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Page last updated at 05:43 GMT, Wednesday, 15 August 2012 06:43 UK
Today: Wednesday 15th August

The Department for Transport announces this morning which company has won the franchise to run train services on the West Coast Mainline. The authorities in the US say they will continue to investigate the British bank, Standard Chartered, even though it has agreed a $340m penalty over allegations that it laundered money for Iran. Also on the programme, has the fact the Olympics were so successful made life difficult for comedians, used to satirising national failings?

We are no longer providing clips of every part of the programme but you will be able to listen via the BBC iPlayer .

Business news with Simon Jack: Standard Chartered bank have agreed to pay a fine of $340m.


Virgin Trains has been running the west coast mainline rail services since 1997, but it has just lost the franchise. The BBC's Richard Westcott has more details and Stephen Glaister, Professor of Transport and Infrastructure at Imperial College, shares his thoughts on the change.


Ecuador's president will make a decision this week on whether to grant Julian Assange, the founder of wikileaks, political asylum. Julian Knowles, barrister at Matrix Chambers and an expert on extradition, gives his thoughts on what the decision may be.

Business news with Simon Jack.


The UN's humanitarian chief Baroness Valerie Amos talks about her trip to Syria and Lebanon where she was trying to find ways of getting more aid to people caught up in the conflict.

Sport news with Jonathan Legard.

Since 2008 when the recession hit the country, suicides, particularly those of men, have increased, according to a report by the British Medical Journal. Ben Barr, a research fellow in Public Health at the University of Liverpool, and Professor Mike Tomlinson from Queen's University Belfast, discuss the issue.

The paper review.

There should have been some rather impressive fireworks last night in Plymouth, as it was the start of the British Fireworks Championships. Jim Winship, the organiser, describes the event.

Thought for the day with the Rev Dr Michael Banner, Dean and Fellow of Trinity College, Cambridge.


The official crime figures out last month showed a marked fall in gun crime, part of an improving picture for most crime. The BBC's Danny Shaw has spent time with the National Ballistic Intelligence Service to find out how their work is contributing to this reduction in gun crime.

Virgin Trains has lost its bid to continue running the West Coast mainline. Tony Collins, chief executive of the Virgin Rail Group, and Tim O'Toole, chief executive of First Group, debate the bidding process and the importance of the franchise.


Few could be more disgruntled with the success of the Olympics than comedians at the Edinburgh Festival, used to satirising the nation's failings The writer and broadcaster Sarfraz Manzoor is doing a one-man show at the Edinburgh Fringe, and Andy Zaltzman, comedian from The Bugle Podcast, discuss whether the Olympics have changed the way the British make fun of themselves.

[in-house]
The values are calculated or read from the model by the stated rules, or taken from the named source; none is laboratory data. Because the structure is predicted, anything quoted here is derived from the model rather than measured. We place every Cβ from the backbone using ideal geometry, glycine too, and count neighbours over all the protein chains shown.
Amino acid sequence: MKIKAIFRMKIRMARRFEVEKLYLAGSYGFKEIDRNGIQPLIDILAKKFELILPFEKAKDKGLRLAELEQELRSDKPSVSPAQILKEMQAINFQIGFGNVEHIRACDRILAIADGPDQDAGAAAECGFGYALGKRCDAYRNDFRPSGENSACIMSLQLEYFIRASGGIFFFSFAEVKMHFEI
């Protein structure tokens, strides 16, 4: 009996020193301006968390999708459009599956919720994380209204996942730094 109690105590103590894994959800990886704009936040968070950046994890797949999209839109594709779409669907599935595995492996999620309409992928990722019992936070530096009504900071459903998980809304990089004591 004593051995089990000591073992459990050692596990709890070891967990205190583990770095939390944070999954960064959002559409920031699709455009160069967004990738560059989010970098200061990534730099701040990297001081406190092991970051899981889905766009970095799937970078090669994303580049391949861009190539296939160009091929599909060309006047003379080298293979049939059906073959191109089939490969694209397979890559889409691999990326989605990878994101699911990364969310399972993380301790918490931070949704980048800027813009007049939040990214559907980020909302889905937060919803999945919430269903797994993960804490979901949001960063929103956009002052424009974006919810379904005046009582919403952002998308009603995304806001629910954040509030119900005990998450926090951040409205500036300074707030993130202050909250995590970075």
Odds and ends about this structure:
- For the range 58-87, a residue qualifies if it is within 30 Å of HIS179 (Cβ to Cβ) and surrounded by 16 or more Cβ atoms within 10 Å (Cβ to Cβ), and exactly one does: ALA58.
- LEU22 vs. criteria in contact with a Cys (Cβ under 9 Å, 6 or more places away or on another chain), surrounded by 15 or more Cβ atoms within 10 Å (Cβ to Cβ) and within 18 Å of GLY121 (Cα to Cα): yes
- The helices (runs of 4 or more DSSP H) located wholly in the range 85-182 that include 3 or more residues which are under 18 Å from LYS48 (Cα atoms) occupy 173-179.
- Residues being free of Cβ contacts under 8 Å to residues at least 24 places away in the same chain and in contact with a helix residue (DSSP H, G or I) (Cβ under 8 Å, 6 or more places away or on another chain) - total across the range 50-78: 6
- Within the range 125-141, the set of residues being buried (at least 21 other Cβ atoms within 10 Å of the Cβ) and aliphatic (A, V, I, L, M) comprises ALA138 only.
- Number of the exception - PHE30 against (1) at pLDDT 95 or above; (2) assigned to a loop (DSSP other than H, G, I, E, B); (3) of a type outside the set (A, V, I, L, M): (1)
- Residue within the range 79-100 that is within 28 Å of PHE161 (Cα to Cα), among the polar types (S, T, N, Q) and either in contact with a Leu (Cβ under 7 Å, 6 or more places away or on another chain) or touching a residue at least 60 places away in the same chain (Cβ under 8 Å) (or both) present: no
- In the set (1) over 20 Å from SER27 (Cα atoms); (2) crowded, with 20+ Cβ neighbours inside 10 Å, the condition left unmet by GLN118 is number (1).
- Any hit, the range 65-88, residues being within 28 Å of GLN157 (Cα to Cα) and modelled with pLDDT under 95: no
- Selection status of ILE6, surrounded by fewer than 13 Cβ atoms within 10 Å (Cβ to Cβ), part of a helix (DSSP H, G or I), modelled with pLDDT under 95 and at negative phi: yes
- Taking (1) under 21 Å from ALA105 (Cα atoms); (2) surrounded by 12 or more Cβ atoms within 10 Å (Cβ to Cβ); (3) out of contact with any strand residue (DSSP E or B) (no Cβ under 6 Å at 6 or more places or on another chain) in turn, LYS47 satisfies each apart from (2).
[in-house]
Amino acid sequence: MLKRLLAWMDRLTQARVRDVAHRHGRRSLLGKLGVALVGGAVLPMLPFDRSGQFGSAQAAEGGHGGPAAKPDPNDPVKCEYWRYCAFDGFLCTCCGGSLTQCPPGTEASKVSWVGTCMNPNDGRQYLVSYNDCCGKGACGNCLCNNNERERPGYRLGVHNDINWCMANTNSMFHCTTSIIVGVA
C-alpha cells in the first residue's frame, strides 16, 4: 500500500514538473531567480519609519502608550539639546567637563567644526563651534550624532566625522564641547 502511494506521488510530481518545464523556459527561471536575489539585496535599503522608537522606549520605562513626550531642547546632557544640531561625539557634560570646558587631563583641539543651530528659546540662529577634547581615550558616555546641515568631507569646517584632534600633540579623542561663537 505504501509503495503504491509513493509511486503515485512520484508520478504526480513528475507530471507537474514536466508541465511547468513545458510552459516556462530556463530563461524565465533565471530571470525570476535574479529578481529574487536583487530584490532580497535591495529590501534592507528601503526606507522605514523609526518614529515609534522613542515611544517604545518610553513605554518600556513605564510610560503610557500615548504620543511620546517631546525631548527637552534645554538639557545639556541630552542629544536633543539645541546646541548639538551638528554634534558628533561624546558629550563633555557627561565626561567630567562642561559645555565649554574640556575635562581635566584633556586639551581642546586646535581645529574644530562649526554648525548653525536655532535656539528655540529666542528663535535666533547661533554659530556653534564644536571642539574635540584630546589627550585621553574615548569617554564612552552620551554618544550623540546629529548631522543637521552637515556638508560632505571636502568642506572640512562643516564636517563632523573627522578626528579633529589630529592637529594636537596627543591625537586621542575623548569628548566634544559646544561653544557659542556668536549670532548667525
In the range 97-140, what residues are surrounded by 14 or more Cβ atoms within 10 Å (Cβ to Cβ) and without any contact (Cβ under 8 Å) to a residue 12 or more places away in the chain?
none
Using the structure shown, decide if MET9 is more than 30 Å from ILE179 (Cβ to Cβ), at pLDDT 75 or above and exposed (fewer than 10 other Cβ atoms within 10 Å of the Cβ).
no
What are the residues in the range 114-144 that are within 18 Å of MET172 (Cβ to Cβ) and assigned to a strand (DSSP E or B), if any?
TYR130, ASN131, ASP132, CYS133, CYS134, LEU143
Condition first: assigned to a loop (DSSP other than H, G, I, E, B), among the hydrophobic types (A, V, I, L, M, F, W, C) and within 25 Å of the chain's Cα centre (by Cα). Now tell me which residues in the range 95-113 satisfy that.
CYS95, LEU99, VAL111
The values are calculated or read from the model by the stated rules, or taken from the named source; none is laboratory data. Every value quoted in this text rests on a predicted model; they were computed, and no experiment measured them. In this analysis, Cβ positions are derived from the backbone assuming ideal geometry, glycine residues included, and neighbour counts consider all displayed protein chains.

Sport news with Jonathan Legard.

A review of rules governing cosmetic procedures gets under way today, prompted by the scandal over PIP breast implants. The man overseeing the review, the NHS's medical director professor Sir Bruce Keogh, explains what changes are needed.


Business news with Simon Jack: Steve Hewlett on Mark Thompson's move to the New York Times group. Broadcasting consultant Steve Hewlett told the Today programme this would put him "toe to toe" with the NewsCorp boss as it was "well known that Rupert Murdoch's long term ambition is to either kill or buy the New York Times."


The past decade has seen the rise of a new phenomenon in South Korea known as Host Bars, all-night drinking rooms where women can wield a new kind of freedom and economic power. But as Seoul correspondent Lucy Williamson has been finding out , there may be more to the trend than meets the eye.

A study has concluded that the City Challenge programme which brought experts into schools to work with headteachers and created partnerships with better performing schools was more successful than the far more high profile academy programme in improving performance. Prof Merryn Hutchings and academy principal Sally Coates debate what the most effective initiative is to improve poor performance in schools.

The defence secretary Philip Hammond admitted yesterday that the failures of G4S to deliver security at the Olympics had challenged his thinking on the private sector, saying its methods are not always the best way to handle big projects. Businessman and broadcaster Sir Gerry Robinson, and Dave Penman, general secretary of the FDA Union, debate the pros and cons of public and private sector commissioning.

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